For those of you who would like to view an excellent video of an otter sliding, go to https://www.youtube.com/watch?v=iBB0OLOkvIU .

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Classic Fisher Sign

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Fishers are one of the most rewarding mammals to track as they leave so many signs. One of the most common ones, other than their tracks, is their scent posts. This is where a fisher rubs itself, anointing the substrate with its scent as it marks its territory. Young saplings often serve this purpose. The fisher rubs and rolls on a young tree, often a conifer, usually breaking a few branches.

If you see a scraggly-looking sapling in the woods, and there are fisher tracks nearby, examine the sapling closely for fisher hairs that often get caught on the branches when a fisher rubs against them. More often than not, the fisher will also mark the tree with a bit of scat or some urine. Fishers are very adept at controlling the amount of feces they leave, often excreting very small portions as markers throughout their travels.

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Check Cat Tracks Twice

1-27-17-bobcat-tracks2-024These feline tracks were found in central Vermont. The position of the four toes (front two not aligned side by side like canids), lack of nail marks, three lobes on hind edge of heel pad, and the overall shape of the tracks (more round than oval) confirm that they were made by a member of the cat family. The size of the tracks (2 ½” long, 2 1/4″ wide) falls right in between those of a Bobcat (1 ½” long, 1 3/8″ wide) and a Mt. Lion (3 ½” long, 4″ wide). The observer of the animal that left these tracks was confident that its overall shape, size, color and long tail were those of a young Mt. Lion.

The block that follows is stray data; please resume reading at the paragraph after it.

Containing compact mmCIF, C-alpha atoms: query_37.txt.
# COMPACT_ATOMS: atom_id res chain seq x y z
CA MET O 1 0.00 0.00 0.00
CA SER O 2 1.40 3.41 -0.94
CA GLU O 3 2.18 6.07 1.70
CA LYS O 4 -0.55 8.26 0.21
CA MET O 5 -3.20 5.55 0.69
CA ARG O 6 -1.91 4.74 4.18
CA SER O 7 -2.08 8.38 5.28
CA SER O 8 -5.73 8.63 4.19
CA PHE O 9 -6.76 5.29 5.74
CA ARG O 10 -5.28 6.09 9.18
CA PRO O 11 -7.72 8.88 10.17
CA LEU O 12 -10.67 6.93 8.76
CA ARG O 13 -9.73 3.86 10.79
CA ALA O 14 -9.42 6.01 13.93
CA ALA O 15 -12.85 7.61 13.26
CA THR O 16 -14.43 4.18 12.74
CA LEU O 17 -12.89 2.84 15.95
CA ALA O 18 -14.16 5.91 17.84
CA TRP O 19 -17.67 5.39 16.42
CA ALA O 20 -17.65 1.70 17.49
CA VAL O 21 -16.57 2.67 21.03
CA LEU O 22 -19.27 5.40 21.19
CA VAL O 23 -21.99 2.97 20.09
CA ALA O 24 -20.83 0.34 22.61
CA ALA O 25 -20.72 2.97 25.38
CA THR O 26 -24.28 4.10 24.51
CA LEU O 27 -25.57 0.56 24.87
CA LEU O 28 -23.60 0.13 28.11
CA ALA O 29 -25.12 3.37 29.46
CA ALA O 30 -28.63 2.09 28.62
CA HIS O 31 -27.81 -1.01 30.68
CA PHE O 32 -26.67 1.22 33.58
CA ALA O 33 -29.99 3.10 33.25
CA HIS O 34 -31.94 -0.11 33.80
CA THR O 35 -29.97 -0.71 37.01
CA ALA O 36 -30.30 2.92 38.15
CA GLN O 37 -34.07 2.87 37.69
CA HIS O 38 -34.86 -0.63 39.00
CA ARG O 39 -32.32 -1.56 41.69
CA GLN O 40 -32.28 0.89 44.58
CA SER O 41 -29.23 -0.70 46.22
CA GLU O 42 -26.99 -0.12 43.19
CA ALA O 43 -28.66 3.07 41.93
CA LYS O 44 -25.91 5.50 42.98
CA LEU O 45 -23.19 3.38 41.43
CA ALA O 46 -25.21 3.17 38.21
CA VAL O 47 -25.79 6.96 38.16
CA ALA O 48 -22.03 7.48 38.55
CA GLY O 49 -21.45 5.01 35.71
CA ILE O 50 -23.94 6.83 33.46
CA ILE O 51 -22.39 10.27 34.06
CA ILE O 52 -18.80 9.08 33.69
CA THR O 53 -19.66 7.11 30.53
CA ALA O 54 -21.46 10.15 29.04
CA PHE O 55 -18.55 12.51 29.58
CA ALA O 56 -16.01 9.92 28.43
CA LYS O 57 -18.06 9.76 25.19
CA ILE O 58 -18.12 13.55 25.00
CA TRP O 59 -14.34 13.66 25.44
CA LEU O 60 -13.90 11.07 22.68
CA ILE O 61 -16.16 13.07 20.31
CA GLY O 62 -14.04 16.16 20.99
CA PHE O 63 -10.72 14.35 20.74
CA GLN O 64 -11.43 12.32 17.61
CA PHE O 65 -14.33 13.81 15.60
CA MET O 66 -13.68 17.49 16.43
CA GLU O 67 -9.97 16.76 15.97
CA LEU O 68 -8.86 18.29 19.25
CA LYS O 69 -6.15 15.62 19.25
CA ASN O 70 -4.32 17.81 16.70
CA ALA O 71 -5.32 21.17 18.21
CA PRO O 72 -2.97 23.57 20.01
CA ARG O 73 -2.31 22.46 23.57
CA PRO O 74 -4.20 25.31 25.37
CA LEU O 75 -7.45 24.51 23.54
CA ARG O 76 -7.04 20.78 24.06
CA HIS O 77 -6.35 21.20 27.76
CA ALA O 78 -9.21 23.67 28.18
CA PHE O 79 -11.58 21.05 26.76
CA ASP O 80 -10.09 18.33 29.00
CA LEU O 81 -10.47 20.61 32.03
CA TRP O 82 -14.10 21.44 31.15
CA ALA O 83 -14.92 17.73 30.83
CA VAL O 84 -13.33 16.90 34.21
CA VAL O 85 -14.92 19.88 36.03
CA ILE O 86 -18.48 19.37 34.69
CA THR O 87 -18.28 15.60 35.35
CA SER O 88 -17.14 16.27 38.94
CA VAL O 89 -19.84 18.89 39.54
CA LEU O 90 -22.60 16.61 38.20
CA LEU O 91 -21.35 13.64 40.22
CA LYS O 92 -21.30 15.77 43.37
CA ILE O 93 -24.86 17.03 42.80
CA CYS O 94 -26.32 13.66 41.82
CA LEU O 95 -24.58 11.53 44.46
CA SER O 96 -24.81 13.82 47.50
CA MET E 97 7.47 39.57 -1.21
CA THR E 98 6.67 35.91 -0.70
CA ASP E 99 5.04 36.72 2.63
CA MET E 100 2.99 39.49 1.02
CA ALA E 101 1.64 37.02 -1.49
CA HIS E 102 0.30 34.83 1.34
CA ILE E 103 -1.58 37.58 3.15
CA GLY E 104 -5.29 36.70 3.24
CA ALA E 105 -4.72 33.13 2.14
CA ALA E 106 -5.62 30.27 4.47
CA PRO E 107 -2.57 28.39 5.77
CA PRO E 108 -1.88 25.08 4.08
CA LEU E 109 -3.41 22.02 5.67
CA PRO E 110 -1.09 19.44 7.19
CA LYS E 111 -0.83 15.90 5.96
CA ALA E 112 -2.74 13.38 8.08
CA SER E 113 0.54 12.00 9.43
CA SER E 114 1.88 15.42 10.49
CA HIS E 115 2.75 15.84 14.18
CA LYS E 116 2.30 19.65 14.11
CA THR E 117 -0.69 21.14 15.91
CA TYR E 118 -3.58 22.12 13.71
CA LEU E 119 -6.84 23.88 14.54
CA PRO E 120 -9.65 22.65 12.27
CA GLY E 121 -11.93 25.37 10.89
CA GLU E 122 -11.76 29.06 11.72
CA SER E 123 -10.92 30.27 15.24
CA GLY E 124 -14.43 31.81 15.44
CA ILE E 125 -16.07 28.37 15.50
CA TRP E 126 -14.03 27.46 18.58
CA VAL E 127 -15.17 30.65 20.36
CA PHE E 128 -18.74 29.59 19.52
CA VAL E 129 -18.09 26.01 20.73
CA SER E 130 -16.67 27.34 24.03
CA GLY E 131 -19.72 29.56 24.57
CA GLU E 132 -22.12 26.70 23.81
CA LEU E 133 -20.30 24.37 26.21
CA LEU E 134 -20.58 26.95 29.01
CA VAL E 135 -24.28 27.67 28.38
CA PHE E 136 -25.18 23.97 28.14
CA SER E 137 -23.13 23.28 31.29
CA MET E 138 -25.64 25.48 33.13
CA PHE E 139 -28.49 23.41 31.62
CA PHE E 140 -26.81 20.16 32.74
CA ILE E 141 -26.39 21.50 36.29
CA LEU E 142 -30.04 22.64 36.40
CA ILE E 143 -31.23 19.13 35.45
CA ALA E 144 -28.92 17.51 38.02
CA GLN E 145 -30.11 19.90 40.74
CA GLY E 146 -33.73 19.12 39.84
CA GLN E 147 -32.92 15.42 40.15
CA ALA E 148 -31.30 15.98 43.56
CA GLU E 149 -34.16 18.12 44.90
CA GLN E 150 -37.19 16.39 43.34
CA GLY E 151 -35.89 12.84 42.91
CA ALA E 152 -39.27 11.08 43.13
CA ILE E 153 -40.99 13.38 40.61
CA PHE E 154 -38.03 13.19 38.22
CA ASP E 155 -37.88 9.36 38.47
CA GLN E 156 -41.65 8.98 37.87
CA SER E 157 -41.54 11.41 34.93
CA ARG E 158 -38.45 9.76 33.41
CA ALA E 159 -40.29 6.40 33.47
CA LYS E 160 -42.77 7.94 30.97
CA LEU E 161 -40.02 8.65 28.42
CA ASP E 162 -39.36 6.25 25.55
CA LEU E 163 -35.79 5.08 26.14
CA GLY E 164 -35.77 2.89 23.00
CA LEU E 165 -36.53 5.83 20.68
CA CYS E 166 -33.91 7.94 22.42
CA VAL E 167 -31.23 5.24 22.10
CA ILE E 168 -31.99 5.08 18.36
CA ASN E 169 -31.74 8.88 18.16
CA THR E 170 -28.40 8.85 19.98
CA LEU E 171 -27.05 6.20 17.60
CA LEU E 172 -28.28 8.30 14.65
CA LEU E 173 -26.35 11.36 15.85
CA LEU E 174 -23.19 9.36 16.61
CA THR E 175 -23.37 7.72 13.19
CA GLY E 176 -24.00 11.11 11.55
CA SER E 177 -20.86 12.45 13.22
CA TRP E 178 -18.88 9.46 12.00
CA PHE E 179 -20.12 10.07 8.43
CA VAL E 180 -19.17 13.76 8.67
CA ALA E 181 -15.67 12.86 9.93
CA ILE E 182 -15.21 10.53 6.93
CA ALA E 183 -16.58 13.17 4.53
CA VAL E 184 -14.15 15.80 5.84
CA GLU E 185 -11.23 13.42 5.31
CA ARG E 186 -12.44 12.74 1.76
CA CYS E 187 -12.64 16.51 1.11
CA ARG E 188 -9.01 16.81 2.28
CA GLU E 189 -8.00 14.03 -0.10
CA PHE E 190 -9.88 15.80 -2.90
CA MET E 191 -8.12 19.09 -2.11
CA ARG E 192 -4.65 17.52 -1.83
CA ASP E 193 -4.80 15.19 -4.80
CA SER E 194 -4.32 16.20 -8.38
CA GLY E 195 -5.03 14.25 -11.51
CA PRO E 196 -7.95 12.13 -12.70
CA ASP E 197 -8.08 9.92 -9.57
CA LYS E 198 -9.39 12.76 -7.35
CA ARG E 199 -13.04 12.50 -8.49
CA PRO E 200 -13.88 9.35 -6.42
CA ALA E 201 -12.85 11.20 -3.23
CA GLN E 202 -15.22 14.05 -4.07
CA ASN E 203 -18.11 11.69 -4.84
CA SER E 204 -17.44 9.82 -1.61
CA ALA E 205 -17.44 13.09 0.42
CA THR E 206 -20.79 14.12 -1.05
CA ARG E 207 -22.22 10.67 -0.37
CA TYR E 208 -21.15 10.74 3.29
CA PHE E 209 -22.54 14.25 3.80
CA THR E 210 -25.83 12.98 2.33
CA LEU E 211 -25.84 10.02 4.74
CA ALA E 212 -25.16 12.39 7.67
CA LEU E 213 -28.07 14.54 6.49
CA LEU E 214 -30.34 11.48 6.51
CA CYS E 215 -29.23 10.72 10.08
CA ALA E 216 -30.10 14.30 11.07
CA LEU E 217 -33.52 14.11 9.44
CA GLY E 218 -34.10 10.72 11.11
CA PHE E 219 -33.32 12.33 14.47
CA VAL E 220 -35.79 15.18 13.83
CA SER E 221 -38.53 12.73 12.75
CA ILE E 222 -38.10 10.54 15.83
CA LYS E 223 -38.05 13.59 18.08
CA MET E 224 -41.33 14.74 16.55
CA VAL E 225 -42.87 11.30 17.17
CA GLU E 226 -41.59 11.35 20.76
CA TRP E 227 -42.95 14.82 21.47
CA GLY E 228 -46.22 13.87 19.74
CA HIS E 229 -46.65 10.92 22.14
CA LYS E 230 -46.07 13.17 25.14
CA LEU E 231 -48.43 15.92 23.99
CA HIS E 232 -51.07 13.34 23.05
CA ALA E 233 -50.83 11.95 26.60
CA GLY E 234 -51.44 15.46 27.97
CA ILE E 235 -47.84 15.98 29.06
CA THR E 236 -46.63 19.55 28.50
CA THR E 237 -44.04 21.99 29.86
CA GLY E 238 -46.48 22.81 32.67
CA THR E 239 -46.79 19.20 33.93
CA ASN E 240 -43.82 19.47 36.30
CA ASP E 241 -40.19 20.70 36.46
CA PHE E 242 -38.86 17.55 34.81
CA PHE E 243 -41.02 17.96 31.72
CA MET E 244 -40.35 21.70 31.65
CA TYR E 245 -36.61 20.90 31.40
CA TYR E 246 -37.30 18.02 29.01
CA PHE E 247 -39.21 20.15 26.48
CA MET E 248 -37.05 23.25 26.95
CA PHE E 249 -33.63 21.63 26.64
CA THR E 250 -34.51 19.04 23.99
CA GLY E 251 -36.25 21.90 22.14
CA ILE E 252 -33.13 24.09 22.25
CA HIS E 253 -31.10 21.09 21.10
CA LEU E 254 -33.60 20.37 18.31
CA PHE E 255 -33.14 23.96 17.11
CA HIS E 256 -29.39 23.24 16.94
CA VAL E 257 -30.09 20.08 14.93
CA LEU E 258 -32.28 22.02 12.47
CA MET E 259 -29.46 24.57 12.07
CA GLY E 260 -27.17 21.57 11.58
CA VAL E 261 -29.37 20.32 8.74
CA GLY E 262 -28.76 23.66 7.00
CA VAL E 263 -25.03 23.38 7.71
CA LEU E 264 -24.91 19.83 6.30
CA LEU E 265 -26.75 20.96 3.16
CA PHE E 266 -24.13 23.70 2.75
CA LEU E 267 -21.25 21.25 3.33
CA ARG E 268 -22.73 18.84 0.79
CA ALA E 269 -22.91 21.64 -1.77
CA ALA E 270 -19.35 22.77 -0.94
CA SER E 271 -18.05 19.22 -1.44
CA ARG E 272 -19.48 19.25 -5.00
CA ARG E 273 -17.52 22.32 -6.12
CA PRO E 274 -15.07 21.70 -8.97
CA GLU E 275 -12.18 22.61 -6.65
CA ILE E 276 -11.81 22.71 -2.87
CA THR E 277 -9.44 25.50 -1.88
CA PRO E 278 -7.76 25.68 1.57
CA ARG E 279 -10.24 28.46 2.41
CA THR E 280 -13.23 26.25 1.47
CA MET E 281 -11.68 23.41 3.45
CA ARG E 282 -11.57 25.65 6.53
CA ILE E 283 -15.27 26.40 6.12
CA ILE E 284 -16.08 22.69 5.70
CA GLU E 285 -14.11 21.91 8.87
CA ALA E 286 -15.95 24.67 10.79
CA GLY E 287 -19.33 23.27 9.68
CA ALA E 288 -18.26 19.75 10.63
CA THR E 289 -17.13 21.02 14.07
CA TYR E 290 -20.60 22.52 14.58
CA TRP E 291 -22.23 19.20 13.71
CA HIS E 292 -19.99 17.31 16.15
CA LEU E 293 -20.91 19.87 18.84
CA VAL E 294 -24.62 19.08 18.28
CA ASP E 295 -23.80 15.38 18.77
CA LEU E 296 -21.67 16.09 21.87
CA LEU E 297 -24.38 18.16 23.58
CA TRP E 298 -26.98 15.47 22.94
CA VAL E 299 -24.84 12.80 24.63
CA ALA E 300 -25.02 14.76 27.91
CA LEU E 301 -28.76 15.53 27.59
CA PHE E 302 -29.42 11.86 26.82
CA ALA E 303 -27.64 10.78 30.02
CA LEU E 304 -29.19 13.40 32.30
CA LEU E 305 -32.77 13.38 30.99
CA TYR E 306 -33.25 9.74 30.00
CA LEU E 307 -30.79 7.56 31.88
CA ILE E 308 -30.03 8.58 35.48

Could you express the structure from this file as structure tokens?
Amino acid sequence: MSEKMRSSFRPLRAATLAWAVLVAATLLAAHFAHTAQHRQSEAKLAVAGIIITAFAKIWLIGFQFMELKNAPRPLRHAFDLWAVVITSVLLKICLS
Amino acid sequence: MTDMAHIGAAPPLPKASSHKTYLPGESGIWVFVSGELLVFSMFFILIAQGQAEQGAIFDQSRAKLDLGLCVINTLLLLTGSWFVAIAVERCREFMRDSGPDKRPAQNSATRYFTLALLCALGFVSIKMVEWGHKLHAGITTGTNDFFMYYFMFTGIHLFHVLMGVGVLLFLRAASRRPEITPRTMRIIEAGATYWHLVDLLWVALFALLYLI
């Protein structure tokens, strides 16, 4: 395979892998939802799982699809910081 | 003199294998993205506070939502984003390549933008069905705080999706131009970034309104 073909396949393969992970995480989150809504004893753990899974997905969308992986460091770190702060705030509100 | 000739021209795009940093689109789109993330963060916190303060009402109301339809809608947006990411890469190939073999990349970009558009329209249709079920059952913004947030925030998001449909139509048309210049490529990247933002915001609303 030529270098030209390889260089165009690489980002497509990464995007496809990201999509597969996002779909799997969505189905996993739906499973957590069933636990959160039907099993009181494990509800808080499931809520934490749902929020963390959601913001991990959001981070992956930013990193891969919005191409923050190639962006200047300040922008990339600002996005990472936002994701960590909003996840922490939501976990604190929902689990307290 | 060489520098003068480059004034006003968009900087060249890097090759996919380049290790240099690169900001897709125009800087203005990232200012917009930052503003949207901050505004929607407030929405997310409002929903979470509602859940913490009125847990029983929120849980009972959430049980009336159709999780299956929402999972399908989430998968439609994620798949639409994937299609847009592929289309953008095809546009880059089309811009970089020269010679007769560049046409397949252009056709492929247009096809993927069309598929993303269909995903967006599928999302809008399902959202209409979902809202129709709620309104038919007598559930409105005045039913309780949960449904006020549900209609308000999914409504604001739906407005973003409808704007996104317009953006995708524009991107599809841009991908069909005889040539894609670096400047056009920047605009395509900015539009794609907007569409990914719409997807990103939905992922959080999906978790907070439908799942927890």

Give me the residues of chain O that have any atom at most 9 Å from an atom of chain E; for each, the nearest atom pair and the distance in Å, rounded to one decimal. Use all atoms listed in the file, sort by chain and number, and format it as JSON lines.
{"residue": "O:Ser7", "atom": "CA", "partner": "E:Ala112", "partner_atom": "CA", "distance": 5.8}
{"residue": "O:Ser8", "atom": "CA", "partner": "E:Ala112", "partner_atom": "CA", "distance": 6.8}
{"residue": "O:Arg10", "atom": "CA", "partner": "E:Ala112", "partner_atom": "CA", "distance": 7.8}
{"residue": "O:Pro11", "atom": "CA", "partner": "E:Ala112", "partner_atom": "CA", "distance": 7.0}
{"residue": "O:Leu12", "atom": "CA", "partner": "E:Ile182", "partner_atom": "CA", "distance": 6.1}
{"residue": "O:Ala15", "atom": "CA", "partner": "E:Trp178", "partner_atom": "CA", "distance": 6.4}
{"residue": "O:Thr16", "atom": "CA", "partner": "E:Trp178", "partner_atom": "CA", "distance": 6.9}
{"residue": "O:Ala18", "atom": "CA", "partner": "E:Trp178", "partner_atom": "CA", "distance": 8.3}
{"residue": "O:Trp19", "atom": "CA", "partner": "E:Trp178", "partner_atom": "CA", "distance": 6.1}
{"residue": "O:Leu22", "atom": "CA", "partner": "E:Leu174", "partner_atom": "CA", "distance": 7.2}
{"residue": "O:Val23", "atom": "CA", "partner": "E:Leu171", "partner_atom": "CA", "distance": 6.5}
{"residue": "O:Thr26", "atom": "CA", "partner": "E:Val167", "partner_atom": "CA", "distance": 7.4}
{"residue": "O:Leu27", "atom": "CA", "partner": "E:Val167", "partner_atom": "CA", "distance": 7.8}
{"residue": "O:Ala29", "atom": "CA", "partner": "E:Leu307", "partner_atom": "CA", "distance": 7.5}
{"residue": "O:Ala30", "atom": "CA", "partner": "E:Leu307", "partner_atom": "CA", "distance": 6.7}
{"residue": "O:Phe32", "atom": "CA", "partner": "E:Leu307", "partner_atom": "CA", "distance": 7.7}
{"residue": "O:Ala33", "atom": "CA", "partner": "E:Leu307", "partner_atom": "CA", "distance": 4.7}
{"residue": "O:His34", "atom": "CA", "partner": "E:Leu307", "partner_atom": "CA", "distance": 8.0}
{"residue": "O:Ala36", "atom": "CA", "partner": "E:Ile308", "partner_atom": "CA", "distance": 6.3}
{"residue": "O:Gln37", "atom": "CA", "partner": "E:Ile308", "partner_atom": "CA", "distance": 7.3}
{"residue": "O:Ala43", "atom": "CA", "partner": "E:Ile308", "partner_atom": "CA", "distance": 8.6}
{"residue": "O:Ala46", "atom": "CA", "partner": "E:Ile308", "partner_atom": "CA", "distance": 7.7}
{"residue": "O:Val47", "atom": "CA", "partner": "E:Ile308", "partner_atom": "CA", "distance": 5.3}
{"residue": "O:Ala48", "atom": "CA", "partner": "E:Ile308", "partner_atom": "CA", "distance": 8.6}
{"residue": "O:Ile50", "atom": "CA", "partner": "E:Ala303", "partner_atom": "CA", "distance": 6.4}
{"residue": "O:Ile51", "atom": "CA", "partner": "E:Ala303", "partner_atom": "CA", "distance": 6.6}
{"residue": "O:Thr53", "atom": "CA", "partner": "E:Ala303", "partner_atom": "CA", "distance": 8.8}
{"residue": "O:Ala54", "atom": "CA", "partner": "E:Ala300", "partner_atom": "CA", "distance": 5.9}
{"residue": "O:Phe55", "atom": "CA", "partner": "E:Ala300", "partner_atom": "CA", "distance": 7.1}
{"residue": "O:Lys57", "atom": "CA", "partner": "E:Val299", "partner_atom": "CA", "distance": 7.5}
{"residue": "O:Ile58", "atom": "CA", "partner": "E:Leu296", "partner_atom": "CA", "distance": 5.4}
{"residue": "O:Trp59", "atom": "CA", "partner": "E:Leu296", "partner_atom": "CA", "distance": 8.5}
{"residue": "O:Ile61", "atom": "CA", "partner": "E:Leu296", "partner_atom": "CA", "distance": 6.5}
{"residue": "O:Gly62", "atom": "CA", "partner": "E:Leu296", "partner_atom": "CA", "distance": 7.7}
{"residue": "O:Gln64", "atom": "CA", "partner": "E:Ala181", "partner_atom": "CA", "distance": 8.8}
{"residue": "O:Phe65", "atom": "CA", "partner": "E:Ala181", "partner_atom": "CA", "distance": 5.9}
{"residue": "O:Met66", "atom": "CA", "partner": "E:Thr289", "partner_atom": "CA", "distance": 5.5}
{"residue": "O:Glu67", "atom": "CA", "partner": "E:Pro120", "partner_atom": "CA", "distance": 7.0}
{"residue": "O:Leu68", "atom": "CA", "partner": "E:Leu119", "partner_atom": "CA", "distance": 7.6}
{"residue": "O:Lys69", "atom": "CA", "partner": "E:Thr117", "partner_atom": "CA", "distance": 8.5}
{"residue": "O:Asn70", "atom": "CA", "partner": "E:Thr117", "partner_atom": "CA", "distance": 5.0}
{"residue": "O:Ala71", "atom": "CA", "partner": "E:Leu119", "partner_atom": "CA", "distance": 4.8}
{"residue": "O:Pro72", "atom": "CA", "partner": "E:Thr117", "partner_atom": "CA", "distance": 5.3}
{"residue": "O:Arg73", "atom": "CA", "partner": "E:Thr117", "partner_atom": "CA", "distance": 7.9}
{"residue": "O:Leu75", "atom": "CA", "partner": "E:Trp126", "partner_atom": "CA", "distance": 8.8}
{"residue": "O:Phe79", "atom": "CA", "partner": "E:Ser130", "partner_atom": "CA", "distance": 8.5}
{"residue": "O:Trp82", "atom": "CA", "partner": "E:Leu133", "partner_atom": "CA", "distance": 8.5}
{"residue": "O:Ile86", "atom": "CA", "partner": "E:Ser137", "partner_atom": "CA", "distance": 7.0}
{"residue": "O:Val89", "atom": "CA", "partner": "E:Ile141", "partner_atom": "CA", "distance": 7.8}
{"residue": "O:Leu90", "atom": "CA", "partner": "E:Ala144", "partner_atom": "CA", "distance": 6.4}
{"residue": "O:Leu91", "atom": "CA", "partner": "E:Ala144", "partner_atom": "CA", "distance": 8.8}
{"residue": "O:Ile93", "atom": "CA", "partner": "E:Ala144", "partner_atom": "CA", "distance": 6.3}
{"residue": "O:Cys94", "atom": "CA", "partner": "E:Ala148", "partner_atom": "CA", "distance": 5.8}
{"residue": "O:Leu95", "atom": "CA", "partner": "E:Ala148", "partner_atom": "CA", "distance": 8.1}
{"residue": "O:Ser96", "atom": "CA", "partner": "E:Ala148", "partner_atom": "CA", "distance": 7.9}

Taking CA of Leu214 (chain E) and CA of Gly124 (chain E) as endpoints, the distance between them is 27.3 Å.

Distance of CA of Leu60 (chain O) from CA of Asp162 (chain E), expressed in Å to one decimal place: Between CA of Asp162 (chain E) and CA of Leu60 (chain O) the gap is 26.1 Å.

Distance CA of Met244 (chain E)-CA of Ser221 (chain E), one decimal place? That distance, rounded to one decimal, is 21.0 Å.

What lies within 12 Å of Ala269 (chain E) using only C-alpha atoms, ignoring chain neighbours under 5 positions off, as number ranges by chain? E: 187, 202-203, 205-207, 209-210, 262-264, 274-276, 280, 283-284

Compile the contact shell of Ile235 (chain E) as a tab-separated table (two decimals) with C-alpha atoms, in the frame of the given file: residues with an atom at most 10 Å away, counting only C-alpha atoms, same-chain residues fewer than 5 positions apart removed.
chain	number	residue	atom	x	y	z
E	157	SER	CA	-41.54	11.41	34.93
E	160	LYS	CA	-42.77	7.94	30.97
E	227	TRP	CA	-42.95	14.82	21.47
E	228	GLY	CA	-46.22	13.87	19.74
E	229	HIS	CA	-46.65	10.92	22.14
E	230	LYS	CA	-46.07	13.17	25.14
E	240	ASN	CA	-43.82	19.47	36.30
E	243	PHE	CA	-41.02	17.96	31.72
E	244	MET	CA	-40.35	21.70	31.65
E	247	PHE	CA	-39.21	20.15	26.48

There have been confirmed (DNA from scat, tracks) signs of these large cats in recent years in New England, as well as the body of a road-killed male Mt. Lion (Connecticut, 2011). DNA testing found that the animal was from South Dakota. Males seem to be moving into the Northeast, but a breeding population has yet to be established according to most biologists.

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Snowshoe Hare Forms

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Snowshoe Hares are nocturnal, so coming upon one is a relatively rare occurrence and even when you do they stand stock still and are so well camouflaged they can often escape detection. However, if they live in an area, signs of their presence are usually abundant. Tracks, runways, scat and their reddish-orange urine are quite obvious. A bit more subtle are their forms – protective spots where they rest during the day, often located under conifers branches.

A Snowshoe Hare form is an oval, slightly depressed hollow about the size of the hare that scratched it out of the snow. The lining of the form often consists of snow melted and refrozen from the hare’s body heat. When in their forms, hares usually rest “alertly,” take brief naps and sometimes groom themselves. Often there is a pile of scat in or near a form. The fact that there is a pile, not one or two pellets, means that the hare spent a considerable amount of time there. When the sun begins to set, snowshoe hares leave their form and travel along their runways, feeding on the cambium of accessible woody plants.